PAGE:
Israel and Palestinians pass the Jericho test
Security cooperation between Israel and PA is improving despite stalled talks, write Harel and Issacharoff.
Israel's decision to include Rachel's Tomb and the Tomb of the Patriarchs in its list of protected sites seems to have been taken without proper consideration.
Within just a few days, the government decided to include these sites, even though they did not appear in the initial draft. The government failed to take into account the price it would have to pay for the decision: Palestinian opposition.
The breaches of the peace in Hebron on Monday morning, in which IDF soldiers clashed with Palestinian youths, are a direct result of a decision that was not examined seriously.
Contrary to the accounts of right-wing activists who forcibly entered Jericho on Sunday, it is not particularly difficult for Jews to pray at the ancient Shalom Al Yisrael synagogue, the final destination of the group that entered Palestinian-controlled city. The synagogue was the target of an arson attack nine and a half years ago, at the beginning of the second intifada, but has since been restored by the Palestinian Authority.
The Israel Defense Forces allows organized visits to the site, with necessary security arrangements, on a weekly basis. For their part, the Palestinians help in this effort because they have an interest in showing they are fulfilling their obligations under the Oslo Accords to allow freedom of worship.
Yesterday afternoon, however, the right-wing Jewish visitors bypassed an IDF checkpoint at the entrance to Jericho to enter the city.
As luck would have it, security coordination between Israel and the PA today is so close that a request by the head of the IDF's Civil Administration, Brig.-Gen. Yoav Mordechai, was enough to persuade the Palestinian security forces to withdraw, and to permit the IDF to peacefully resolve the situation.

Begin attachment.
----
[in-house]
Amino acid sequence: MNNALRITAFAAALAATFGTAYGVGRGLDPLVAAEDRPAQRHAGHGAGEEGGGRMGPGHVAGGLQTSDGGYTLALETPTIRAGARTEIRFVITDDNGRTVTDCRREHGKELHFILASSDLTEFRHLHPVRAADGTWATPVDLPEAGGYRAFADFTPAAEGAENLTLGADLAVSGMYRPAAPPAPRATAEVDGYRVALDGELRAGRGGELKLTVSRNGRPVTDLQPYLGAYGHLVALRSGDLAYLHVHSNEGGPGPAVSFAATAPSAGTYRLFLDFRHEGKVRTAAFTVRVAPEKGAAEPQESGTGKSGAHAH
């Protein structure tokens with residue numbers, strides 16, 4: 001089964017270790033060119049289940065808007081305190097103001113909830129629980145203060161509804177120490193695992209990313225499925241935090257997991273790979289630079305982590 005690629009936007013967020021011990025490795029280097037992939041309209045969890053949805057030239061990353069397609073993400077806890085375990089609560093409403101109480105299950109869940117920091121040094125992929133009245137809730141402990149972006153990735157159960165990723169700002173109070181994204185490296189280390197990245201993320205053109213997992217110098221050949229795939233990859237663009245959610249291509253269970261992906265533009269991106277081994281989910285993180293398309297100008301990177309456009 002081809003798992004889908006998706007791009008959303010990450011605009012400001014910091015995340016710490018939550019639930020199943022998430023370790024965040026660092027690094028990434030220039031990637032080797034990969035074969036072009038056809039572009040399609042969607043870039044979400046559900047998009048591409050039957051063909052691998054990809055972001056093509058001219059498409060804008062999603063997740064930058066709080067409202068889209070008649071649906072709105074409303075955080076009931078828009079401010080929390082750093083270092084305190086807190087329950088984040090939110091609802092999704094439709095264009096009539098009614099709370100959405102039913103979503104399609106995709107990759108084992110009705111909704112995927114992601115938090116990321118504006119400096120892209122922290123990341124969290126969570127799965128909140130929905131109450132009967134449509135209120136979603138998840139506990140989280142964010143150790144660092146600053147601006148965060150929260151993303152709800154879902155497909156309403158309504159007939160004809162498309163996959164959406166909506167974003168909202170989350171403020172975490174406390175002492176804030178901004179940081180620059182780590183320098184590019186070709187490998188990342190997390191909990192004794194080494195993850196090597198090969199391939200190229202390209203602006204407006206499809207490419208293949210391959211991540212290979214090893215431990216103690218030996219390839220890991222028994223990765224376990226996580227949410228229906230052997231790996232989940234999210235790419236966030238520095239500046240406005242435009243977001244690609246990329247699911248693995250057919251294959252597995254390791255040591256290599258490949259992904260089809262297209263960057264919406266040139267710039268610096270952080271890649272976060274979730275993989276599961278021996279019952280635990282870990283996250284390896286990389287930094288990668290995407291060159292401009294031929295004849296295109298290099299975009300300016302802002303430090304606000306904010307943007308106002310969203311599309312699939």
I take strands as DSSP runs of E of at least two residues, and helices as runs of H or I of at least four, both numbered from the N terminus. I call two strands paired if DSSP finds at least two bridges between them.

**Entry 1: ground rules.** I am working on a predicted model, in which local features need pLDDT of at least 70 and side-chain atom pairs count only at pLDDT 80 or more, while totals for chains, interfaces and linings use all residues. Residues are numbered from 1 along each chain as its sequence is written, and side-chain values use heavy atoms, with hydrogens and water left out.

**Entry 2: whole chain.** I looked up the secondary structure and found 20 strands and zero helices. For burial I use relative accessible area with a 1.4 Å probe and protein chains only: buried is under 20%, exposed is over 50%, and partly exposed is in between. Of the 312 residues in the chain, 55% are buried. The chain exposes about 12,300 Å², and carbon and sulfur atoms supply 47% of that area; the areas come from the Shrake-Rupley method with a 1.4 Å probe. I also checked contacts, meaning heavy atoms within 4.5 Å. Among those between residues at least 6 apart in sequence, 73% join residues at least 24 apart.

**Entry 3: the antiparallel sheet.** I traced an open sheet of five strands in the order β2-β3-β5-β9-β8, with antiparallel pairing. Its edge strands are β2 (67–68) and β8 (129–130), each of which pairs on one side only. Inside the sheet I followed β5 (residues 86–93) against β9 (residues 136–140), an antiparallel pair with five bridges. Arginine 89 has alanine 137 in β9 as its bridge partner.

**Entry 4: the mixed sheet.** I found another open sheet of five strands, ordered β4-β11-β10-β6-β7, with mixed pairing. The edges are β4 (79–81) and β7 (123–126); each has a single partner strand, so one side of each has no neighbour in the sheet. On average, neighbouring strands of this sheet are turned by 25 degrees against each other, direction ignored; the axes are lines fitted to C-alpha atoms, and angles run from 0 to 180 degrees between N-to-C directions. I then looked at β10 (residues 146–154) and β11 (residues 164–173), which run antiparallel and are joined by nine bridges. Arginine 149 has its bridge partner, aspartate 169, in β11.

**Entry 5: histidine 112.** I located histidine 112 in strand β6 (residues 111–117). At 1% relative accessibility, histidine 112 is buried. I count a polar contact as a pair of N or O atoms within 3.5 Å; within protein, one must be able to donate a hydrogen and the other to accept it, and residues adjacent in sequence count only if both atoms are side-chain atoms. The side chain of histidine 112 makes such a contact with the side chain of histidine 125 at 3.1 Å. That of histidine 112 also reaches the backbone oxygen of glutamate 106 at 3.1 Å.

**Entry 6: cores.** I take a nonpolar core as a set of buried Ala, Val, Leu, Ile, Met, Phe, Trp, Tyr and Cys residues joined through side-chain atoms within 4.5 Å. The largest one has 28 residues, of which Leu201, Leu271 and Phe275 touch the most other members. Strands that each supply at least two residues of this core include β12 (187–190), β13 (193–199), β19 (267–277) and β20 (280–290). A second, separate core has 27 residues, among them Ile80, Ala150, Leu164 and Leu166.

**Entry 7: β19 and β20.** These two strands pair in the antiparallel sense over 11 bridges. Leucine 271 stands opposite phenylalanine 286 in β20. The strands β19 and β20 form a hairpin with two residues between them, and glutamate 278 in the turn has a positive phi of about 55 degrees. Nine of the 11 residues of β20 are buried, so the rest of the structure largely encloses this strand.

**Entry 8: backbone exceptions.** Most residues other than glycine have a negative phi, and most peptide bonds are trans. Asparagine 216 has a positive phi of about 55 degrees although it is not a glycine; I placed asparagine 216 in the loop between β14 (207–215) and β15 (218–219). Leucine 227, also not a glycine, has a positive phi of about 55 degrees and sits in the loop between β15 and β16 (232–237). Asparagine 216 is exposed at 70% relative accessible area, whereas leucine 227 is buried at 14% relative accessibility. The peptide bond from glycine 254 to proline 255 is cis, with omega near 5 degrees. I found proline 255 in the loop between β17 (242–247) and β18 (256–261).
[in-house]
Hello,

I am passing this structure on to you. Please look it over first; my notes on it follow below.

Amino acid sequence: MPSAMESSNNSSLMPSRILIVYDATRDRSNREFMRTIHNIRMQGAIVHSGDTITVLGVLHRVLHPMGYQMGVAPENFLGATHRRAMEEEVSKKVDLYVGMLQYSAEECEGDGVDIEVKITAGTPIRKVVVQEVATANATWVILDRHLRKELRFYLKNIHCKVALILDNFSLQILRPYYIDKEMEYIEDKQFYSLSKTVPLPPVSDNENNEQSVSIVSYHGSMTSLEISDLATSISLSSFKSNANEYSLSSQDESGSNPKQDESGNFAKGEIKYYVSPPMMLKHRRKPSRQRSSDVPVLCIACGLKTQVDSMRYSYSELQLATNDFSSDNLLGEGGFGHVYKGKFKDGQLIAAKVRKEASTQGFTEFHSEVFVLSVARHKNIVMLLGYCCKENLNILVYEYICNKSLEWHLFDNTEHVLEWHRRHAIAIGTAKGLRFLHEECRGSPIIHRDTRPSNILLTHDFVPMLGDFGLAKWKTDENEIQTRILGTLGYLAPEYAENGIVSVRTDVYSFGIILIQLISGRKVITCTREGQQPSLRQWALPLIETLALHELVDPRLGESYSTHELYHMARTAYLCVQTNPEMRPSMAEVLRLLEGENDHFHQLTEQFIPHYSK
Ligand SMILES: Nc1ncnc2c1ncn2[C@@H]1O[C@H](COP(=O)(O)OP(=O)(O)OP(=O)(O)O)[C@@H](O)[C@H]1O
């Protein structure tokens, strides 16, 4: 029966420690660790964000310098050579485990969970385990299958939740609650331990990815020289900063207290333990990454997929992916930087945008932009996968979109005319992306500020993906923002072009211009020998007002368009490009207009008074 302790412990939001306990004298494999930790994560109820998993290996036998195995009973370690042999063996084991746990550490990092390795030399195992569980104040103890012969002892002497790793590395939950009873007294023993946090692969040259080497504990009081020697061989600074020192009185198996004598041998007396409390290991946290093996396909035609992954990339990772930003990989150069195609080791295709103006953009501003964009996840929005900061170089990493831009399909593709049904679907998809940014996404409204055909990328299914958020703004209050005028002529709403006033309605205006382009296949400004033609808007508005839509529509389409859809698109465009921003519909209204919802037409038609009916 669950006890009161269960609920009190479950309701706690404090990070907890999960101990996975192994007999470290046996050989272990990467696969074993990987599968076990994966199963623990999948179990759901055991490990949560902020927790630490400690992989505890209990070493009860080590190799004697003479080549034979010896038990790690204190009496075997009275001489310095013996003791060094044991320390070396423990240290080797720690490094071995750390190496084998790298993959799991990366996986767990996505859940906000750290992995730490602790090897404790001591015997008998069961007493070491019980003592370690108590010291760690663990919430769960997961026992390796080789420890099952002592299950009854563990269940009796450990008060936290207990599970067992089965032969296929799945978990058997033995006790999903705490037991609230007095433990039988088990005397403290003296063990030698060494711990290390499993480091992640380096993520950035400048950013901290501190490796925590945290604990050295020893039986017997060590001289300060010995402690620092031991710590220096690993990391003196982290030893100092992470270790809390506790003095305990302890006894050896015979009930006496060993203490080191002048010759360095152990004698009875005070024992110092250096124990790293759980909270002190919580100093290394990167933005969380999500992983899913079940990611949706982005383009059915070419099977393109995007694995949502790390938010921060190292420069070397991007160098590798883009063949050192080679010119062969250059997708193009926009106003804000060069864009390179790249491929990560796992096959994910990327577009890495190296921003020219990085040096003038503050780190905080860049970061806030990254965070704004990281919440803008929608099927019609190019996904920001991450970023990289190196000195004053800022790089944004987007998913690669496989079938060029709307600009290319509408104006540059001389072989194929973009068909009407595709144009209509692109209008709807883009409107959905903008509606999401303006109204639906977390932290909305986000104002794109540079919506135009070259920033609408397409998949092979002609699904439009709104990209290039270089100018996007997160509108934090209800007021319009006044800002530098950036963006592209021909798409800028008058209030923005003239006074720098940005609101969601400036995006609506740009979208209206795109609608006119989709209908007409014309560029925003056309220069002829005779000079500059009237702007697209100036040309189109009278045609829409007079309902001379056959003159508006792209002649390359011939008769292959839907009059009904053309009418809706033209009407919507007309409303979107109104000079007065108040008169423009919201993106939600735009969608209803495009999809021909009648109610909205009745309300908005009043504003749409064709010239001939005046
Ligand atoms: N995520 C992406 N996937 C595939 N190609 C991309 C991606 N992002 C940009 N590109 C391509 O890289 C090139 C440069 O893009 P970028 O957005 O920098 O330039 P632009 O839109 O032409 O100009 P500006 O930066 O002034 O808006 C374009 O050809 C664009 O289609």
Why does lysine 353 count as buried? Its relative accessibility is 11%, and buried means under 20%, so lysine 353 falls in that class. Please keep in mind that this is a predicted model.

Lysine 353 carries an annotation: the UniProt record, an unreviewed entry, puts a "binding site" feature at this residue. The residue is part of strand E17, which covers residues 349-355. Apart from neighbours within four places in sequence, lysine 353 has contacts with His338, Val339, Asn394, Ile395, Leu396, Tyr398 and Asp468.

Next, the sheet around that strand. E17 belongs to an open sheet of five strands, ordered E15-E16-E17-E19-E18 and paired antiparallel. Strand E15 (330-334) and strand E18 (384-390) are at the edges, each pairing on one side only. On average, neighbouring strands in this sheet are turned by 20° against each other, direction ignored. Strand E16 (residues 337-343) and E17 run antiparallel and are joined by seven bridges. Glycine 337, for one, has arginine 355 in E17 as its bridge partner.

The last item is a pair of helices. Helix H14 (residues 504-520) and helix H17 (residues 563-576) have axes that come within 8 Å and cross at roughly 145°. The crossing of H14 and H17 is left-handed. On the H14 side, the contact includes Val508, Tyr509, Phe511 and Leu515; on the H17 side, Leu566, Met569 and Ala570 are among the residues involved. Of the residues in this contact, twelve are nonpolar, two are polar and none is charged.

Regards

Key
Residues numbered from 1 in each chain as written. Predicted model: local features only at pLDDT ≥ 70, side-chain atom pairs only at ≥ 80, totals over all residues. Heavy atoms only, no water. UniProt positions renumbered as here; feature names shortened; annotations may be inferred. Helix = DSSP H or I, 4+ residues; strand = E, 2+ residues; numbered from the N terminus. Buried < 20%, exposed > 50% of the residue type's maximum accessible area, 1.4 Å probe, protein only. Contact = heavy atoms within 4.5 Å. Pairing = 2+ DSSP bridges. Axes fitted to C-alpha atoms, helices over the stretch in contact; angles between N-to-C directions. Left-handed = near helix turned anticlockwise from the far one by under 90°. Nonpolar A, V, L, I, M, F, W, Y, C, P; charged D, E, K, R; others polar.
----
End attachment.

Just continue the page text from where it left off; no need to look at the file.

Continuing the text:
Yesterday evening, Israeli soldiers and Border Policemen the right-wing visitors from the site. In earlier times, such an incident could have ended quite badly. Yet, against the backdrop of three years of improved security cooperation, Israeli forces were able to step in and take control of the "unruly children."
Even during the winter, when temperatures in Jericho are quite comfortable, it is still a relatively quiet city - apparently the quietest in the West Bank. A provocation by right-wing settlers, however, is among the scenarios that most concern the Shin Bet security service and the army in the area. The biggest worry is of a more flagrant religiously related incident - not like yesterday's incursion into the synagogue - such as an attack against an Islamic holy site. For example, the vandalism of a mosque a few months ago in the village of Yasuf (the perpetrators of which have not yet been brought to justice) could have sparked a bloodbath.
Despite disagreements on the diplomatic level between Israel and the PA, a situation has been created on the ground in the West Bank in which friction has been greatly reduced between the two sides.
The best proof of that is the rocket that the Palestinian Authority security services managed to find in a village close to the city of Modi'in. The transferred this rockets into the hands of Israel Police and through that, probably saved the lives of Israelis.
For the first time in a decade, daily life goes on peacefully in most parts of the West Bank, although the proximity of Jewish settlements means there is no total separation of the two populations.
Posted by Amos Harel and Avi Issacharoff on February 22, 2010